The Green Alliance has pleaded with the Labour Party not to ‘go soft’ on the public money for public goods approach to farm support set out in the Agriculture Bill.
The think tank’s executive director, Shaun Spiers, issued the call after Shadow Defra Minister Luke Pollard described the policy as a ‘nice idea’ which would not solve a number of fundamental issues with the food system.
Mr Pollard’s comments follow a commitment from the Labour Party last year to maintain some form of direct payment to encourage the production of ‘high-quality, nutritious food’.
Speaking at a Countryside Alliance fringe event at the Labour conference in Brighton yesterday (September 22), Mr Pollard said: “The Agriculture Bill made a big error in not really mentioning food.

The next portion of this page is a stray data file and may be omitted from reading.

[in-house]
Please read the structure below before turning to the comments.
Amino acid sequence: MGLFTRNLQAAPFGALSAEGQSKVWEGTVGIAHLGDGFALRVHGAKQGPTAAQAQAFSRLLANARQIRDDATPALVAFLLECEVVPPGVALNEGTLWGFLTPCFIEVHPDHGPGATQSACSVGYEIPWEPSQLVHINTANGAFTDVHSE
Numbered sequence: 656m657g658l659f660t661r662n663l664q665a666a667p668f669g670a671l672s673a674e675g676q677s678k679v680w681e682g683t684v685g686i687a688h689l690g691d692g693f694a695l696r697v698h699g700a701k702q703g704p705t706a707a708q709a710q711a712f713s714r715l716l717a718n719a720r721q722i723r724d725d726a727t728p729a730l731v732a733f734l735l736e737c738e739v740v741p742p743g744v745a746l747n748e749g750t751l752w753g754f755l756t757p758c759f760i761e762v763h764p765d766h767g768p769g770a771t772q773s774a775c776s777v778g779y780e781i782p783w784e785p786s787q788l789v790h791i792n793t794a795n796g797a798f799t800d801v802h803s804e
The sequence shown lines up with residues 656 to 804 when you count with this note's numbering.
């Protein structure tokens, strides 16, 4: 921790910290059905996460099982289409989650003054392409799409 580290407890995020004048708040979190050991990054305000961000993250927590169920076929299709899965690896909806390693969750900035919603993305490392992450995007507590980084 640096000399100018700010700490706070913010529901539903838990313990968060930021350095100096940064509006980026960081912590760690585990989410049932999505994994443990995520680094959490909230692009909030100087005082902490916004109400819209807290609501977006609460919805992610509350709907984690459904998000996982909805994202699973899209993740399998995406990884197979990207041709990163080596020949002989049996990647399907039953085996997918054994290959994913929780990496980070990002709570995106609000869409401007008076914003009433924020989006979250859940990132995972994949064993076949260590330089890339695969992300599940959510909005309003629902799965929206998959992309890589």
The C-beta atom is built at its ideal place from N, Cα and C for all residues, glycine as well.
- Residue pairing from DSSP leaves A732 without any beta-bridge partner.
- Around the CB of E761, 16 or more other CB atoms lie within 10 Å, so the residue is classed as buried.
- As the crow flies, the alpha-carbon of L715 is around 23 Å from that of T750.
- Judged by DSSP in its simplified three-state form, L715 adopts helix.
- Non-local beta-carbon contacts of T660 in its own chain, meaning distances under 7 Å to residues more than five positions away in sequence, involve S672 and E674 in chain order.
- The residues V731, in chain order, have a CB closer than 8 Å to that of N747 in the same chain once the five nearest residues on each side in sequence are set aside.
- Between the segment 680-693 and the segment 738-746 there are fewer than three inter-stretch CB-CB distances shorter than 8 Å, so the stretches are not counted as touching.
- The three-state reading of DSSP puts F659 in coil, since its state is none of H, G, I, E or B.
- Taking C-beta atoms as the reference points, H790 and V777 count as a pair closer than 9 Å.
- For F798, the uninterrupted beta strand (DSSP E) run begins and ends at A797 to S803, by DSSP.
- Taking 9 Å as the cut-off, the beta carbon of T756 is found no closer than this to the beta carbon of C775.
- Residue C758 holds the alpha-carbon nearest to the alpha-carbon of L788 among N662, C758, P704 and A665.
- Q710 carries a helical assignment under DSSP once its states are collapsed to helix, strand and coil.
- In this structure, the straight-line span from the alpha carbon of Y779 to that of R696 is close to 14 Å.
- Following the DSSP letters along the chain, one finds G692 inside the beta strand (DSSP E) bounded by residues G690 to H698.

“The public goods side is a nice idea. It was an interesting development, and if we are to leave the EU then a public goods approach is not necessarily a bad way of doing large bits of it.
“But the problem is the Agriculture Bill did not deal with food. It did not deal with food production, did not deal with food poverty and did not deal with the carbon intensity of food.”
Mr Pollard also revealed the Party would be publishing its long-awaited Food Manifesto this week, which will look at all these issues.
Though Mr Spiers welcomed the creation of a food strategy, he expressed concern about the Shadow Minister’s description of the Agriculture Bill’s approach.
“Public money for public goods is not just a nice idea,” he said.
“It was a really important re-framing of the purpose of agricultural support which was owned by and championed by [former Defra Secretary] Michael Gove.
“We are not convinced now Michael Gove has gone, that others in Government support it.
“And if the Labour Party appears to go soft on it, even in the normal hurly burly of opposition politics, we risk losing what was potentially a huge prize if and when we leave the EU.”